For example, I have the Kalita 3 hole dripper and the Hario V60 dripper at home. The Hario has one large hole and is cone shaped. The Kalita has three small holes and is trapezoid, which means that the Hario extracts much faster than the Kalita. So if I were to think about the grind size and the extraction time, I would use a finer grind for the Hario compared to the Kalita.

Now, you can increase the extraction time using a very thin stream of water a then using a pour and stop method. So it doesn’t necessarily mean that you need to use finer grinds for the Hario. You just have to adjust and try several methods until you find one that fits your style of pouring and your preference of the dripper type.

Moving on.

3. Water Temperature

Temperature is something I never thought about before. But after seeing quite a few baristas and coffee owners making room for thermometers in their dripper pots, I immediately began to see temperature as a major aspect to proper coffee extraction.

Many books about coffee also point out the importance of temperature.

Another important thumb of rule.

The higher the temperature, the more the extraction. The lower the temperature, the lesser the extraction. 

Over extraction is never a good thing because you’ll taste the unwanted bitterness and after tastes. The same goes for under extraction since you won’t have extracted enough of the potentially amazing flavors of the coffee at hand.

That’s why balance is the most important thing and that means optimal temperature for proper extraction.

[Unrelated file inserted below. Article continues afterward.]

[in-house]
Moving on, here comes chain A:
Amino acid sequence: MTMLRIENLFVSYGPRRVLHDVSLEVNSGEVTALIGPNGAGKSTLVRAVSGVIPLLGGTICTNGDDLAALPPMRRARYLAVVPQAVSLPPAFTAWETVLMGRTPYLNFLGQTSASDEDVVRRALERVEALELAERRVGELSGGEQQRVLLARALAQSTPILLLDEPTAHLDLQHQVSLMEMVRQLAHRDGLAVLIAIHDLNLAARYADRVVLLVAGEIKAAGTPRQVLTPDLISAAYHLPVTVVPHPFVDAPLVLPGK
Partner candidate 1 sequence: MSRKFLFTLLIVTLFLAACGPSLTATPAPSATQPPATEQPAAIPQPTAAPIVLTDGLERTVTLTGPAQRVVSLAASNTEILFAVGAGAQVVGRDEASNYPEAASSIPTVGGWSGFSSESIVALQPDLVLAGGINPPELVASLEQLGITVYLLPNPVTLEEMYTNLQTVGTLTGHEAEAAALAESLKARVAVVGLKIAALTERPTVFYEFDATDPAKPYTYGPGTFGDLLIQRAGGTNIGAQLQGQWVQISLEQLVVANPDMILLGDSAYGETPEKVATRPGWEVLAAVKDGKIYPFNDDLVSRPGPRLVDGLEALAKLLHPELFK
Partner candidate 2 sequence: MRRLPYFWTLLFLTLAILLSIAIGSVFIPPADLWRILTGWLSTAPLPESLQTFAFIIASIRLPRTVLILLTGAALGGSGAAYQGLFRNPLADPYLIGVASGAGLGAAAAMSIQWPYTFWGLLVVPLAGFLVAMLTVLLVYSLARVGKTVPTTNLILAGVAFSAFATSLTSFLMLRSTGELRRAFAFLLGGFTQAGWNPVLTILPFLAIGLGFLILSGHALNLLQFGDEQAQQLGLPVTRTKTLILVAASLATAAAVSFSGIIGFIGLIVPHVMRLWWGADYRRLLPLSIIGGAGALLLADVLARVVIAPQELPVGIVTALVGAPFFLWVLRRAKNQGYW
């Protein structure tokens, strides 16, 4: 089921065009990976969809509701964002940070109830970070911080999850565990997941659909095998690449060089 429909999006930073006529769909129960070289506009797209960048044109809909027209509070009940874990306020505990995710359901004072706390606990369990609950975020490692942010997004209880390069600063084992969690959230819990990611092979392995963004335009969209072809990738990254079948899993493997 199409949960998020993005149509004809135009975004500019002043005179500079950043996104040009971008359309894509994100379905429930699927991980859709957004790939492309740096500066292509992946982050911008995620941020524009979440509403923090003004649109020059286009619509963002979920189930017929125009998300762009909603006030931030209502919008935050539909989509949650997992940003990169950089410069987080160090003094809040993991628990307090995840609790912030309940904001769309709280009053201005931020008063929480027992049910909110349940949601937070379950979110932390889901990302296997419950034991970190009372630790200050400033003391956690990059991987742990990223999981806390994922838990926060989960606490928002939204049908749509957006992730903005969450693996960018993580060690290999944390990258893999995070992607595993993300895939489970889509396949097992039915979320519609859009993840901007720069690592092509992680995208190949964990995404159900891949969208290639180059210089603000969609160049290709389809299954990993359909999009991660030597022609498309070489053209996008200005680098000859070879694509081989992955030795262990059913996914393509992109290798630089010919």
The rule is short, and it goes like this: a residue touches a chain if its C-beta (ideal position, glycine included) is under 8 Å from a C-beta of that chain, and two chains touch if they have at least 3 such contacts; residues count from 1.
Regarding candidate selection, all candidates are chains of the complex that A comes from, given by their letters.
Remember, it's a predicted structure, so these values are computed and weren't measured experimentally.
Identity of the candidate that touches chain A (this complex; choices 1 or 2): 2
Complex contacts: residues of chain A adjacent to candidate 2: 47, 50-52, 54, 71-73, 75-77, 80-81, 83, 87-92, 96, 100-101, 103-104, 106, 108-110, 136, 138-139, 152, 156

It’d be great if you had a thermometer to measure the water temperature. On thing you want to avoid is using boiling water, or near boiling water to extract coffee. A lot of baristas I’ve talked to have said that if you don’t have a thermometer, transfer boiling water into an empty dripper pot and that should bring down temperature to an optimum level for extracting coffee.

Extraction Methods and The Three Aspects

Let’s look at the relation of the three aspects with the extraction methods used. I can’t give exact numbers here since everyone does it a little differently. But the concept is pretty much the same.

Espresso                             super fine grind, super short extraction time, super high temperature

Syphon/Aero Press       finer grind, short extraction time, high temperature

Pour over/Chemex       medium-fine to medium-corse grinds, short to medium extraction time, medium – high temperature

French Press                     course grind, longer extraction time, high temperature

I guess there’s a fourth aspect for pour-over coffee which is the pouring style. It’s kind of like being able to control time since that’s what you can do depending on how you pour. But this sort of complicates everything, and that’s why I won’t talk about this on this post.

To conclude, keep these three aspects in mind when you want to extract coffee and you’ll more or less have a very satisfying cup of coffee.

Other useful information

  1. Warm your coffee collector, mugs and dripper(if ceramic) with the hot water you’re going to extract coffee with. This prevents the extracted coffee from losing temperature quickly and keeps your mug warm much longer.
  2. I like to go for 88℃ /190℉ for light roasts. 86℃/187℉ for medium roasts and then 82℃~84℃/180℉~183℉ for medium-dark to dark roasts. Of course, this is just the way I like it, but lighter roasts usually need a higher temperature to better extract the acidities contained within them. Some people do recommend temperatures of 92℃/198℉ for extraction but I just think that’s too much. Go for what you like and think is best for your coffee.
  3. An electric mill is far better than a hand mill to get a consistent grind. One thing that you really want to avoid is an inconsistent grind of coffee since it’ll almost be impossible to properly extract the coffee.